ZIMBABWEAN children as young as nine years have resorted to making illicit brews from cereals in order to intoxicate themselves, police have said.

Speaking during an awareness cam- paign in Harare over the weekend, officer commanding Harare suburban, Raudzi Chuma, said children were now using food items to create highly intoxicating brews to supplement the already known illegal drugs on the streets such as mutoriro and others.

“Drug abuse is a growing public health and security problem in Zimbabwe and particularly in Harare suburban district.

“The increase of violent crimes, unintentional in- juries, road traffic accidents, multiple medical complications as well as psychological and mental health complications is greatly linked to drug and substance abuse.

“Drug abuse has continued to claim the precious lives of our people and that includes able-bodied men and women with the potential of steering national development.

“Of concern now is also the initiation of young children, as young as nine years, into drugs and substance abuse resulting in ju- venile suicides.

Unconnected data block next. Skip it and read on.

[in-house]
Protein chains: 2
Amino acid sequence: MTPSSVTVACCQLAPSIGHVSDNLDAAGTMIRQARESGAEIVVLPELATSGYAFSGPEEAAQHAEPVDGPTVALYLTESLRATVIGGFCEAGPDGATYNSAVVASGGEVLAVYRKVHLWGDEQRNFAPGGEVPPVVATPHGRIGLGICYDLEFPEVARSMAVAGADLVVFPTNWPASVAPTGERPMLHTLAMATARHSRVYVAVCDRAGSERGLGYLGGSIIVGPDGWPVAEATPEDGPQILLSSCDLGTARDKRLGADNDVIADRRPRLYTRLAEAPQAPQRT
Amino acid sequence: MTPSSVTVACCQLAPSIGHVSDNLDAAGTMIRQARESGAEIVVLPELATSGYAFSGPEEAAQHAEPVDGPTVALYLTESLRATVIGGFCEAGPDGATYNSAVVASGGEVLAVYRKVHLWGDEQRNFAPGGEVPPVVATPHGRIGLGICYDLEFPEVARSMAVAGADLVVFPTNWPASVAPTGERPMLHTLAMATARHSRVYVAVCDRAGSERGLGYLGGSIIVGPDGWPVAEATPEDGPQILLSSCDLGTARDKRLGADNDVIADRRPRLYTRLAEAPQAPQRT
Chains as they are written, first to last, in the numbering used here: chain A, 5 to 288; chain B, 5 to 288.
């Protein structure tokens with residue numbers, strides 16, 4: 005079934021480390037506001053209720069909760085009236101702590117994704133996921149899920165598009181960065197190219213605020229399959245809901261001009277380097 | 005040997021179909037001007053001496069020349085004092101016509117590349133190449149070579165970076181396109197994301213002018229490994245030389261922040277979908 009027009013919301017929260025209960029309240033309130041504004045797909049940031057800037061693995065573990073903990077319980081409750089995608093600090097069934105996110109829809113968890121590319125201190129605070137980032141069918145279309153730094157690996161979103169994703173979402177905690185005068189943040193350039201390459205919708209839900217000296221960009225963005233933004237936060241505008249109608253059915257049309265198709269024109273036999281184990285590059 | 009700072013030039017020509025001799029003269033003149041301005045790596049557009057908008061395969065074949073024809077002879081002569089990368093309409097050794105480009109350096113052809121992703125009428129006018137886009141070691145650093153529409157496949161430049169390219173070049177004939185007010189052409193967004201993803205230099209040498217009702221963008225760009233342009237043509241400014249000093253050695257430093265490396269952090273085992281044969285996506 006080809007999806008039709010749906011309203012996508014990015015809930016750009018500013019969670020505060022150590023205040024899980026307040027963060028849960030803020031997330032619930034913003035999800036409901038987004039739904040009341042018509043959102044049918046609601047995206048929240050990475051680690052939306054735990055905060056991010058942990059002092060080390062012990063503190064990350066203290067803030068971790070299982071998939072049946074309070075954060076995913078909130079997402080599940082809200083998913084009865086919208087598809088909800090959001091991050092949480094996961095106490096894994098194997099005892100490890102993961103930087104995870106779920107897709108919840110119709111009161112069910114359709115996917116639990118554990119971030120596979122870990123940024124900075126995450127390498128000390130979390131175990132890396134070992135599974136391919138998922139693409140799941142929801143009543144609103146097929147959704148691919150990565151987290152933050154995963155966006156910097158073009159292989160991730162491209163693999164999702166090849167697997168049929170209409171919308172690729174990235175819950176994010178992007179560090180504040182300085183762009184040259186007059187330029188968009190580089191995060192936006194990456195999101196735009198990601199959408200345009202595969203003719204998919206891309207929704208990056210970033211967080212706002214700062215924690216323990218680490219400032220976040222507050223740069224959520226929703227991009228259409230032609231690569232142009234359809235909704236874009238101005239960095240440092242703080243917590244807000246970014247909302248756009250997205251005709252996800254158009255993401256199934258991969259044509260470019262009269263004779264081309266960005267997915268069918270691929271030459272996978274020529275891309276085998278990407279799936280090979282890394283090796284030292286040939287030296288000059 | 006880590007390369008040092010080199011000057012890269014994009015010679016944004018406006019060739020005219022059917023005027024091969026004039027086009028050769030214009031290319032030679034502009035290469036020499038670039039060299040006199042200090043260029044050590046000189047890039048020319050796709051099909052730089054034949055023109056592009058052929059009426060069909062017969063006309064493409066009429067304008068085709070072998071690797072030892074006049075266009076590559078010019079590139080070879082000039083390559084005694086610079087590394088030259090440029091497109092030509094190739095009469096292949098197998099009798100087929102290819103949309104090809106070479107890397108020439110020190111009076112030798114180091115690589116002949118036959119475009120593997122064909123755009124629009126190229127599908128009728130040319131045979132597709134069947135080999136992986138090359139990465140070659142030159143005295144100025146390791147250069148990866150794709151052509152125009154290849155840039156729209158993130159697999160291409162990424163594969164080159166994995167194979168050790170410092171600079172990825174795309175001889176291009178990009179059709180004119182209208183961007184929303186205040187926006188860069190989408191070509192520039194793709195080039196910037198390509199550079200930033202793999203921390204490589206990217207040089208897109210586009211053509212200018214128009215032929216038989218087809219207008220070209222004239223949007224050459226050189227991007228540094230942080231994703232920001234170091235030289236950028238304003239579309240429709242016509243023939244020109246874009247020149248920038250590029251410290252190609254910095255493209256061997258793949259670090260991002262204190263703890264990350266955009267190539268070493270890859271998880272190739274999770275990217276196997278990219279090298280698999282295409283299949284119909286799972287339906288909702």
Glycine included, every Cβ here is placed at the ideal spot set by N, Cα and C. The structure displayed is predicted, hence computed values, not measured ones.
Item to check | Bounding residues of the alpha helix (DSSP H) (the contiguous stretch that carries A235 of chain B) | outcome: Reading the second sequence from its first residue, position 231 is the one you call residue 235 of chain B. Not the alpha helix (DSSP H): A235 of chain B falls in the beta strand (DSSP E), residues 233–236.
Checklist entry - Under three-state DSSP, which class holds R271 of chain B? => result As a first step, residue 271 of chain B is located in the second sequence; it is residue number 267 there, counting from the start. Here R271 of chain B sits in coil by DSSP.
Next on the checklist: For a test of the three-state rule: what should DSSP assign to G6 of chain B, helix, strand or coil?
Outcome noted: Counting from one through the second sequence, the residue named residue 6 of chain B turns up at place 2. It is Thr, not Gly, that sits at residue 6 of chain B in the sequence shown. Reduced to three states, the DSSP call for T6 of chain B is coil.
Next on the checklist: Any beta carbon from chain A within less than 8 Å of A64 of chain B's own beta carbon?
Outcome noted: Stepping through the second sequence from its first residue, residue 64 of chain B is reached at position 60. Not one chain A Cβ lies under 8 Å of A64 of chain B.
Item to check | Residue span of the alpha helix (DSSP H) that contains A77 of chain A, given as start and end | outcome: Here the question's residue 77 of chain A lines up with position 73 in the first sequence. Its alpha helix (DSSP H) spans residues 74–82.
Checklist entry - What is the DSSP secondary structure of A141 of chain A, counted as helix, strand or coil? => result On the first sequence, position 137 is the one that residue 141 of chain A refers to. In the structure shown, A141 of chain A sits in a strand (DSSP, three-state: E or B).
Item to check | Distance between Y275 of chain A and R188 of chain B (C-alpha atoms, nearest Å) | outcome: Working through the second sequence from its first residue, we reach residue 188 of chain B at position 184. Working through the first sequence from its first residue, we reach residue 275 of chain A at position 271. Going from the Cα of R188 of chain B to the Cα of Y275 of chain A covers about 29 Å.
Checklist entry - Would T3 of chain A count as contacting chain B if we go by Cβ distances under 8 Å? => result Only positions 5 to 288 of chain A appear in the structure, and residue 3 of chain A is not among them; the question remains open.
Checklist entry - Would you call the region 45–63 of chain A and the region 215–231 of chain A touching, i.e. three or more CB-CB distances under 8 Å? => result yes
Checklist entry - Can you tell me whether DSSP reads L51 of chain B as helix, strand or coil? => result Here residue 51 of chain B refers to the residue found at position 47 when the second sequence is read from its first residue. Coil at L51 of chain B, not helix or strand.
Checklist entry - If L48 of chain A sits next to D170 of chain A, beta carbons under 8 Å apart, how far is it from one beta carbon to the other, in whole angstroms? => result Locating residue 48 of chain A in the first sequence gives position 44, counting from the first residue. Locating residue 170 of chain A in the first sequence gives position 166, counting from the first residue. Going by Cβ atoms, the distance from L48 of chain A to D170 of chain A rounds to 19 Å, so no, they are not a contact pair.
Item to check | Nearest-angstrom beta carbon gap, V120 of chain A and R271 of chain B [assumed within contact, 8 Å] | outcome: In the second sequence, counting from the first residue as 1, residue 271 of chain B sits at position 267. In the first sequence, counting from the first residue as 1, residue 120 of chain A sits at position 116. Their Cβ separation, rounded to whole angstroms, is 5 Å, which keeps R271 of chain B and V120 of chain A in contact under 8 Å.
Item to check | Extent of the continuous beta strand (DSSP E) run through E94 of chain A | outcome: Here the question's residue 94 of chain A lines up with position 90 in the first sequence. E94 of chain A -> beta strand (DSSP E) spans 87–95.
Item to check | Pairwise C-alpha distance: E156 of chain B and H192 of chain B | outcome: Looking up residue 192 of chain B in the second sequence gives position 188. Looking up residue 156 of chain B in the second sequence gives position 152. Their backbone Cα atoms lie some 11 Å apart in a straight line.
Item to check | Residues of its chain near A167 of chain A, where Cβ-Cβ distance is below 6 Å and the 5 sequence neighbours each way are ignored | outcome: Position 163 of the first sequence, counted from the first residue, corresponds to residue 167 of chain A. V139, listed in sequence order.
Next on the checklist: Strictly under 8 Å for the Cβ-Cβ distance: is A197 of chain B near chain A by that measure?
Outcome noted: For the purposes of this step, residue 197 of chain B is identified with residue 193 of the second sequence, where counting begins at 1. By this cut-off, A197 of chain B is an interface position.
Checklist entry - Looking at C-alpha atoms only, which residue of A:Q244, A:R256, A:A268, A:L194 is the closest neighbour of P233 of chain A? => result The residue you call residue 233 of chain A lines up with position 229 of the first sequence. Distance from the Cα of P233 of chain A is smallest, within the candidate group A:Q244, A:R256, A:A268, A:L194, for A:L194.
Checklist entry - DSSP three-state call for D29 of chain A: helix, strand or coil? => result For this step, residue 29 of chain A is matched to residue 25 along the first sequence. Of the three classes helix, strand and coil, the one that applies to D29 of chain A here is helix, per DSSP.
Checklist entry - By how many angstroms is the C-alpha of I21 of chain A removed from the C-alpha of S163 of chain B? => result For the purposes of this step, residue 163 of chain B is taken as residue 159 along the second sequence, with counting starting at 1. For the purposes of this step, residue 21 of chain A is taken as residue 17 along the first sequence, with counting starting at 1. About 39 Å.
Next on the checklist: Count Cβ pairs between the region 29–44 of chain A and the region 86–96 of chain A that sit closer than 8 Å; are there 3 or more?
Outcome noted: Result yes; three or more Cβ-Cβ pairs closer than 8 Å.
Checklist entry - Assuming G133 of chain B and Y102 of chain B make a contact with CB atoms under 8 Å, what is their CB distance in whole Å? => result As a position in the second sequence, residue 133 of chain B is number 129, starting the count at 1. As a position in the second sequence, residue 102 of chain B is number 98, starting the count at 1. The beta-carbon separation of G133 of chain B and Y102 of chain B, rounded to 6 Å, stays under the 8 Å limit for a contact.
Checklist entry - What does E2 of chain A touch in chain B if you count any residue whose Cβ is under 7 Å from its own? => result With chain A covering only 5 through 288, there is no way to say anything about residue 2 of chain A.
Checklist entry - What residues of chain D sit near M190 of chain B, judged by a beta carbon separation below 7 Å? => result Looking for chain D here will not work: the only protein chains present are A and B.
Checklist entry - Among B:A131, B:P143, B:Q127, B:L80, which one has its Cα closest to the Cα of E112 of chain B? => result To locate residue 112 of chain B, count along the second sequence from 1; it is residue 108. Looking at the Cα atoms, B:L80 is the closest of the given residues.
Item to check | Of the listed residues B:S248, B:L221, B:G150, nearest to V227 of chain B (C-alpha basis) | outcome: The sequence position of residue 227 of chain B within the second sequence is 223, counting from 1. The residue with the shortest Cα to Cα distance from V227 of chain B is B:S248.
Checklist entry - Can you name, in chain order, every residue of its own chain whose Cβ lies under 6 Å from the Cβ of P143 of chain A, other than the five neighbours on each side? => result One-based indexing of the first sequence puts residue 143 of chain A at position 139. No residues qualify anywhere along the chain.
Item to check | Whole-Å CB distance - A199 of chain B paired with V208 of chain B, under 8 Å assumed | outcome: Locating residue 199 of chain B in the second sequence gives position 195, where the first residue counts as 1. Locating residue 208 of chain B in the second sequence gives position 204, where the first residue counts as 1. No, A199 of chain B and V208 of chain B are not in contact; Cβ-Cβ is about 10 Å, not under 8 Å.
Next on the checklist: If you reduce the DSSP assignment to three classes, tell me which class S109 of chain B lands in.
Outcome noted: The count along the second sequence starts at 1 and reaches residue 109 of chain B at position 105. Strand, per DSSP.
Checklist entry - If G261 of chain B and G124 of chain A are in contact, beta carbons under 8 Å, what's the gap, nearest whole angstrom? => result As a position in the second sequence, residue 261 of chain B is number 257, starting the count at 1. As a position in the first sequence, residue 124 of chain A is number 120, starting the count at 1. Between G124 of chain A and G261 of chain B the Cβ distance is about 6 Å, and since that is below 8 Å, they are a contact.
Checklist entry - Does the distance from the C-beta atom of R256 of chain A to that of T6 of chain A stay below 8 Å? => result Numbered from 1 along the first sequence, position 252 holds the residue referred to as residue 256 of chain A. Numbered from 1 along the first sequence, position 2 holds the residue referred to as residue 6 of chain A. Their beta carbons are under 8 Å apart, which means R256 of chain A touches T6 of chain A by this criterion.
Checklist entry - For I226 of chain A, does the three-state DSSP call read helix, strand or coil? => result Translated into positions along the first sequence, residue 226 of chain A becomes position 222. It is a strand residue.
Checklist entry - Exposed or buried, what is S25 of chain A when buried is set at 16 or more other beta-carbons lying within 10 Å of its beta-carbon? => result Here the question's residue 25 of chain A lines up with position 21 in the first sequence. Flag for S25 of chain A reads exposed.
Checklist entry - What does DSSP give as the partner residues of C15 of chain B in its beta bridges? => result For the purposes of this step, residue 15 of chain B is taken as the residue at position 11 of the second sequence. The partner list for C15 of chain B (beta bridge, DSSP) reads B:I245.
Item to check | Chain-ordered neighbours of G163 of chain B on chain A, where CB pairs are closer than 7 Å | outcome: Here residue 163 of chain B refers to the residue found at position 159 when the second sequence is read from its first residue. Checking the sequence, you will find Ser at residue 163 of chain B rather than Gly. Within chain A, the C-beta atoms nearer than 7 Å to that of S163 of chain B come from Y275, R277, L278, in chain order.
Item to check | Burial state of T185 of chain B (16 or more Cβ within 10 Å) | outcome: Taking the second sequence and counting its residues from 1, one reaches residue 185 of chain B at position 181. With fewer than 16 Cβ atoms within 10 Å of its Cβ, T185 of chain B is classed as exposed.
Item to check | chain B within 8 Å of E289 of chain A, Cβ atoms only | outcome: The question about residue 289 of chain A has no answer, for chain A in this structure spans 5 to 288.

“We have had reports of kids taking jolly juice and fermenting cereals and cornflakes into illegal highly intoxicating brews,” Chuma said.

She also said the fight against drug and substance abuse needed combined efforts from communities, the police and law mak- ers so that drug peddlers and end users are brought to book.

“Drug and substance abuse is a complex socio-economic issue that requires a multi- stakeholder and integrated approach. The coming together today of the ministry of Education, Home Affairs, and other organs of government bears testimony of this unity of purpose.

“Community support remains extremely important in the prevention, treatment, rehabilitation and acceptance of those addicted to substances. Let us help to break the stigma and promote fast recovery.”

According to the World Health Organisation’s mental health focal person, Debra Machando, 57 percent of mental health cases recorded in Zimbabwe are drug induced.

“Zimbabwe has the highest number of 15 to 19 year olds in Africa who engage in heavy episodic drinking …70,7 percent are males and 55,5 percent are females … the most affected group is 10-35 years which is 67,7 percent of the total population,” Machando told a recent anti-drug abuse campaign in Harare. – Daily News